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Crysis Review: How to Create the Brand New Reality?
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I remember the days when Crysis hit the shop-counters. It was a hysterical sensation in the gaming circles. If your PC - I'm not sure if it was released for the consoles back then - could handle the game you'd be seen as an alpha-male and a deity equipped with extraterrestrial technologies. Maybe that game wouldn't attract girls, but at least you'd be bathing in the local gamers' attention, some of whom by the way, had breasts comparable to those of an average high school chick. Crysis revolutionized the FPS genre and opened a new epoch. Epoch of HD-shooters. Is it still good today?
Crysis was a revelation indeed when it premiered. And even today it still retains its visual appeal and charm. If you put the video-settings on the maximum of course. Truly they say that legends never die. I'd compare Crysis to Monica Bellucci who even in her 50's looks stunning.
- Vegetation still looks very realistic and detailed. Ferns, vines, palm trees and even blades of grass are pretty discernible and never static. They interact with the wind and your motion nicely which makes the environment alive.
- Water - the ocean still looks gorgeous - check it yourself if you don't believe me. And if you happen to live far from the big water, then its clam sound will soothe you.
- Effects - particle effects, explosions, smoke clouds and even adorable snowflakes will melt your heart if you're still skeptical about Crysis.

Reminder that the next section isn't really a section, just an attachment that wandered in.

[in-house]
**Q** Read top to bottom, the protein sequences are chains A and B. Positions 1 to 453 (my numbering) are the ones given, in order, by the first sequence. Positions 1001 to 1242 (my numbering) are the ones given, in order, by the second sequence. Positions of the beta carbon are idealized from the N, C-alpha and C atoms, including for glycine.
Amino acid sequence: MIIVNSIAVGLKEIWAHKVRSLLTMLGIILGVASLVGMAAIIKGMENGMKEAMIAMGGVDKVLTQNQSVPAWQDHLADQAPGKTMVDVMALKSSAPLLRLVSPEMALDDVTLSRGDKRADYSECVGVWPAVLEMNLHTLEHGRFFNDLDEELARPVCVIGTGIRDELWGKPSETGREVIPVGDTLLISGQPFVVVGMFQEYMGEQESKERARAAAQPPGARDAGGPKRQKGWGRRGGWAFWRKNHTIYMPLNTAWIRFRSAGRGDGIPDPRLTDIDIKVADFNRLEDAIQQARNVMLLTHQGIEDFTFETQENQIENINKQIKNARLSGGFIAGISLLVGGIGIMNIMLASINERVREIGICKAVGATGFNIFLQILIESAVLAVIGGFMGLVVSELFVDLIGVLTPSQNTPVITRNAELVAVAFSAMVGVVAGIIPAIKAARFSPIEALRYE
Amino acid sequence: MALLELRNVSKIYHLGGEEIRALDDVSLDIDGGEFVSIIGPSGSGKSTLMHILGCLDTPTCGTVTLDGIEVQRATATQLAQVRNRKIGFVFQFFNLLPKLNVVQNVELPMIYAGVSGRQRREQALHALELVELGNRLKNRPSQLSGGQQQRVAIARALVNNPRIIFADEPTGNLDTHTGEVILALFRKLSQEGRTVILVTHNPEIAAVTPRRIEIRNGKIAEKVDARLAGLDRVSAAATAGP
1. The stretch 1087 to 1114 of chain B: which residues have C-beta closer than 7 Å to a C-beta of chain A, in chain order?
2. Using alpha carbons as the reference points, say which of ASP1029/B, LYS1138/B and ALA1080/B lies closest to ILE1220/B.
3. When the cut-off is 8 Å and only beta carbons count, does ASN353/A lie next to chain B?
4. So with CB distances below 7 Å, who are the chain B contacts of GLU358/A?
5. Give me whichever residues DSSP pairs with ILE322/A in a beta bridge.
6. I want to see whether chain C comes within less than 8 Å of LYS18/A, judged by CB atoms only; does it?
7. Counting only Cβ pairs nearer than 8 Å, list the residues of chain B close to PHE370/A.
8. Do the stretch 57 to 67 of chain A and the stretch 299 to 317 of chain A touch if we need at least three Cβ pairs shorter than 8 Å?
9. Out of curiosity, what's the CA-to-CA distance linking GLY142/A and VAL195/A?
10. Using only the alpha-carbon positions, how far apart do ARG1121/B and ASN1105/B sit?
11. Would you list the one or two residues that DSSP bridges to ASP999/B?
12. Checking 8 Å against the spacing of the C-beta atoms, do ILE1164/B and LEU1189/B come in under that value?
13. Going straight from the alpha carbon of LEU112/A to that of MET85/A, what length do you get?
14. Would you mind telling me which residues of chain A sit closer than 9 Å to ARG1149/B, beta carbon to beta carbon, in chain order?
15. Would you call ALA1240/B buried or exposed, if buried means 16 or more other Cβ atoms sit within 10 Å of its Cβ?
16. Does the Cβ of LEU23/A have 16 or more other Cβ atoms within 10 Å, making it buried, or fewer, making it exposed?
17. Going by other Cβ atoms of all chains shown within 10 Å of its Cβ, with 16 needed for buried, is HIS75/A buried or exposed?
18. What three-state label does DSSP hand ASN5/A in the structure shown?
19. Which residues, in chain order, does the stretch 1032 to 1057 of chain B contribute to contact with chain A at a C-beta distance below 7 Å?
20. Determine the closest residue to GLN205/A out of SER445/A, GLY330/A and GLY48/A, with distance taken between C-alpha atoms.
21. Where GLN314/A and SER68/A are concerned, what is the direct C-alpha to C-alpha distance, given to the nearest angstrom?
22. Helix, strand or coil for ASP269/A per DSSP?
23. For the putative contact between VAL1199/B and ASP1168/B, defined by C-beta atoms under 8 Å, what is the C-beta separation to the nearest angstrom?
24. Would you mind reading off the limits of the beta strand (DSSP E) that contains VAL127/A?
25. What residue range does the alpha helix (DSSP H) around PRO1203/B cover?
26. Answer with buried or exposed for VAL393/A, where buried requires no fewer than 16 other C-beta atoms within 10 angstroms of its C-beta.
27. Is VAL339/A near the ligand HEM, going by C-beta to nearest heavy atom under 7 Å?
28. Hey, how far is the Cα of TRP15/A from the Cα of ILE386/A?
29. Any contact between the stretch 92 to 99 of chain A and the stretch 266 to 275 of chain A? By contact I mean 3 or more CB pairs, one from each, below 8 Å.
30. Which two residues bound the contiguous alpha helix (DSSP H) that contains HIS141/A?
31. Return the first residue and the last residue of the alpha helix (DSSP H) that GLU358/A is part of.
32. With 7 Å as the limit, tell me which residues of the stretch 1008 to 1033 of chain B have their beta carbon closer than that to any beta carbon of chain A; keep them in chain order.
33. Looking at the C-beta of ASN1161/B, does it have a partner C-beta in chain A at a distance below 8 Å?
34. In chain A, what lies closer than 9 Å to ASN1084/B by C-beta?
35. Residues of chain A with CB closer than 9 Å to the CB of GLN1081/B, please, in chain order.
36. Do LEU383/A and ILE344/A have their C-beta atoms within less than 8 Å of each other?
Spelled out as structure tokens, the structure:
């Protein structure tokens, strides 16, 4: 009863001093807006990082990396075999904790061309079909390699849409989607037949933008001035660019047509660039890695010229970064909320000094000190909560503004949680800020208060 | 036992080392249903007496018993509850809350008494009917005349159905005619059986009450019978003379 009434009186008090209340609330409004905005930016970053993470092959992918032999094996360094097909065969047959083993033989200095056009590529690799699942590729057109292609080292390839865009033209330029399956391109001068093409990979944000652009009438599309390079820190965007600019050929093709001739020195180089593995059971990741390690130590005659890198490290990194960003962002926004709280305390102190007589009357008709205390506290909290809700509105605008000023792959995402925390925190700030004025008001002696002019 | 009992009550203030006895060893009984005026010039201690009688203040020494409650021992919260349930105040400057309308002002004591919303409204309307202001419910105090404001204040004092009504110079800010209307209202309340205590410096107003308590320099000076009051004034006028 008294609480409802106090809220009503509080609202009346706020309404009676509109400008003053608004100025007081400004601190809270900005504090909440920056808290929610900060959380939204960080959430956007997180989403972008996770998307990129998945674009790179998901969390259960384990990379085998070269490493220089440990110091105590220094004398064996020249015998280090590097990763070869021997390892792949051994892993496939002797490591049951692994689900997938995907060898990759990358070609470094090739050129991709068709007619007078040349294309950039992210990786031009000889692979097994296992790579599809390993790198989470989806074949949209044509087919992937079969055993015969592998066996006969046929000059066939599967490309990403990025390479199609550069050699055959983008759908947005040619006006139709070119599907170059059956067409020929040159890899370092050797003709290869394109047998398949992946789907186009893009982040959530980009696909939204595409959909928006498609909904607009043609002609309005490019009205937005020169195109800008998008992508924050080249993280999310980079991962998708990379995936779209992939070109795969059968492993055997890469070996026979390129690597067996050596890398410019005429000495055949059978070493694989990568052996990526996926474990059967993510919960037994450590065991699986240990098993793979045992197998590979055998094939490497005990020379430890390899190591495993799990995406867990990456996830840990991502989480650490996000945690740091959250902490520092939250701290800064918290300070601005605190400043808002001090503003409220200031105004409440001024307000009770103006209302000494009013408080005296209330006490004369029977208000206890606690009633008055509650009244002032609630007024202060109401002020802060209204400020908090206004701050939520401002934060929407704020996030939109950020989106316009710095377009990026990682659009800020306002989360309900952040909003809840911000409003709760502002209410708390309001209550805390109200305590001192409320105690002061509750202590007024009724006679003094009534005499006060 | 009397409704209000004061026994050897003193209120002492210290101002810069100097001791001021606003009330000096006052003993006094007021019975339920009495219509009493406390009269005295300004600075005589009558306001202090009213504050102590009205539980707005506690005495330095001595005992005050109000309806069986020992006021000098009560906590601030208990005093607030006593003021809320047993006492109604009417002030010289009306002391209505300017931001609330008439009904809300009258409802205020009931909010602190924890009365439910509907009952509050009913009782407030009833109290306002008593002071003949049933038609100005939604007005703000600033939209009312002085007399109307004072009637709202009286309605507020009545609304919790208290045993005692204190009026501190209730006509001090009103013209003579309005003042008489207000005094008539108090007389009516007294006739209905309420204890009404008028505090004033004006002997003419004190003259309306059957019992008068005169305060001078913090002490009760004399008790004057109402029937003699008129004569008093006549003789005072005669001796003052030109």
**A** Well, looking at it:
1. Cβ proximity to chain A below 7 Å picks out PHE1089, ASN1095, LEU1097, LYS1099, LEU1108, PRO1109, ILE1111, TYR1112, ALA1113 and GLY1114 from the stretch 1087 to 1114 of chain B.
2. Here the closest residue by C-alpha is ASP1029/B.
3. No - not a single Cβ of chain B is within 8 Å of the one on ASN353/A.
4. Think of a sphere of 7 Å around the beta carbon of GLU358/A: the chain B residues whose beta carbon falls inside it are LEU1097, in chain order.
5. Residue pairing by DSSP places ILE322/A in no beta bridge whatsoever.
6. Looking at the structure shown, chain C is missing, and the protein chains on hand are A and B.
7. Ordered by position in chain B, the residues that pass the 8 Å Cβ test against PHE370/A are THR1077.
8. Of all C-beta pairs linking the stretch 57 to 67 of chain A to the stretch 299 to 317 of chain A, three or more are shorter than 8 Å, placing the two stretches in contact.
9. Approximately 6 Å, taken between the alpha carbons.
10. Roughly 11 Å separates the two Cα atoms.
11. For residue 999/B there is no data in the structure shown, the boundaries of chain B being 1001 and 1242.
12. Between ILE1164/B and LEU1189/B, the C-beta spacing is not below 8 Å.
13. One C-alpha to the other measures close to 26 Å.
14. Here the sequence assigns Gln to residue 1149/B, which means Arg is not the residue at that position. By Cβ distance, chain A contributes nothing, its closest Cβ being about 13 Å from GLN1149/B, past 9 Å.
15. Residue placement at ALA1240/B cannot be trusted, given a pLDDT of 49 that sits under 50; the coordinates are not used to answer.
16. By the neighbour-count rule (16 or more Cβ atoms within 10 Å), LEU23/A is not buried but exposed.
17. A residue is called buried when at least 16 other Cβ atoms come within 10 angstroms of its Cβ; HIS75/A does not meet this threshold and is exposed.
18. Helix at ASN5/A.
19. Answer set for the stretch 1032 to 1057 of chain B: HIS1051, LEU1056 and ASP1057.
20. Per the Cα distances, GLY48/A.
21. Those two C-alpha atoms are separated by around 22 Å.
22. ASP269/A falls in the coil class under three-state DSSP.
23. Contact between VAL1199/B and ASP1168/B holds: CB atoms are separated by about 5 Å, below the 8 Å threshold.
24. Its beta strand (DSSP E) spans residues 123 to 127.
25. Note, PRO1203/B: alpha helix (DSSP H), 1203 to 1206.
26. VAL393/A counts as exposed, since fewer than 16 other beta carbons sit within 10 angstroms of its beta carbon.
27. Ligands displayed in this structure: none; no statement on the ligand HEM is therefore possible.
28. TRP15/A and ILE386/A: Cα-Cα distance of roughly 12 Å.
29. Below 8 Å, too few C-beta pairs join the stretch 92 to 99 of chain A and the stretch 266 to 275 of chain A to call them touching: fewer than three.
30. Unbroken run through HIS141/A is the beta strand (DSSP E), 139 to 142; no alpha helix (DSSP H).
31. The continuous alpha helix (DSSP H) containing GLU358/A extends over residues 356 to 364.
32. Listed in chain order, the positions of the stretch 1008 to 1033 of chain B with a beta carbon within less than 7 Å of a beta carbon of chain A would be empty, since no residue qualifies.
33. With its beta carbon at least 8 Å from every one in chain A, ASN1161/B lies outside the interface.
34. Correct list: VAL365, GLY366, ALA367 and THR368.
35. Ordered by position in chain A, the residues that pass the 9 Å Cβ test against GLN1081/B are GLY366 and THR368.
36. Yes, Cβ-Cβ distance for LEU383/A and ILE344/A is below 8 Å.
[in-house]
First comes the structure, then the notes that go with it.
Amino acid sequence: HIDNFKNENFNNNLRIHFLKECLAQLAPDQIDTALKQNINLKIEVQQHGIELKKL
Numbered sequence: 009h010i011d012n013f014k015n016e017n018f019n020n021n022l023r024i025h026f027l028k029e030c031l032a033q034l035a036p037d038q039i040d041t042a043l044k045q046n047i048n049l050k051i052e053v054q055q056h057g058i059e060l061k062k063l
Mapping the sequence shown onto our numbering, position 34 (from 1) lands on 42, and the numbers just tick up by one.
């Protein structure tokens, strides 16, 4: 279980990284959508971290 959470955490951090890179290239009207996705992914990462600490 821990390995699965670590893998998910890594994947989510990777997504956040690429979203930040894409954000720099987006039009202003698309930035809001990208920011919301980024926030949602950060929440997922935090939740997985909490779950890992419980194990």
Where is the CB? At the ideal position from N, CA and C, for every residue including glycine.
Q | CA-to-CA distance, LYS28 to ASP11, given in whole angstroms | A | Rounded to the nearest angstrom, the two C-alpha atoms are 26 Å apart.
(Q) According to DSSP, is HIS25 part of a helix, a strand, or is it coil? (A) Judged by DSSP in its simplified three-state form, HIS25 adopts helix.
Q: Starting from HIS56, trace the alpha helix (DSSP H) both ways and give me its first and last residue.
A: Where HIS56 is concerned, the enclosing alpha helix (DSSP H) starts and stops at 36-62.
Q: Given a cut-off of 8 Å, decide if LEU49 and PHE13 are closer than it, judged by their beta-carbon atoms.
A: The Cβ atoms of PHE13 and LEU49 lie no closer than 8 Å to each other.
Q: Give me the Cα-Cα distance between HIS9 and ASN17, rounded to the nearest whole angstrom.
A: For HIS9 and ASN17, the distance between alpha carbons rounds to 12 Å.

- Aliens - the giant spider-thingy, the insides of the out-of-the-world spacecraft... They have been designed with inspiration in a heart. It's not a cheap-n-fast work that today's games are saturated with. No, the artists really strived to create something special.
- The game is swarming with nice little nuances: gorgeous sunset beams, alien ship sounds, hilarious facial expressions of North Korean NPCs when you grab them by the throat, etc.
It's still a feast for the eyes and ears. It's like an old vinyl record.
You're doing a reconnaissance mission on an island occupied by North Korea where a group of American archeologists found something significant and terrifying, before the occupation. Your character Nomad is, essentially, a one-man army. Thanks to his miraculous nano-suit. And as you have guessed the gameplay revolves around the abilities of the wonder-suit.
Its abilities include:
- Strength - throw a Korean soldier over the horizon. Aiming and jumping get better thanks to that ability too.
- Speed - skedaddle from a huge group of foes or flank and finish them before they understand what happened.
- Armor - bullets won't rip your flesh and flames won't barbecue it for a while when it's on.
- Stealth - invisibility that hides you from the enemies' eyes. Instantly deactivates when you fire.
Game's difficulty enormously depends on your strategy with the abilities mentioned above. You can sneak your way into completing the mission without causing much havoc or leave the smoking ruins behind you. The Crysis's world's destiny is in your hands only.
Btw, NPCs are damn smart and will do anything to locate and surround you - never underestimate them.
Crysis is nicely optimized for an Xbox controller, although originally it was a PC sensation. And even today, 11 years later it feels pretty smooth to control. Nothing to complain about.
Replay Value: 5
Retro-charm, still gorgeous looks, and actually interesting back-story... Crysis must have an embedded replay button.
It's a game for ages. It might look a bit old-fashioned and imperfect now. And one day, I guess, they'll port it to smartphones... But this game is a like a Gospel for the FPS genre. And it deserves a place both in the top ratings "of all times" and in your collection. Fairytales of yesterday will grow but never die.
Crysis is old. But it's gold.
Replay Value 5.0
It's 11 years old.
Multiplayer is desolated.
Occasional script bugs.
Pretty but outdated visuals.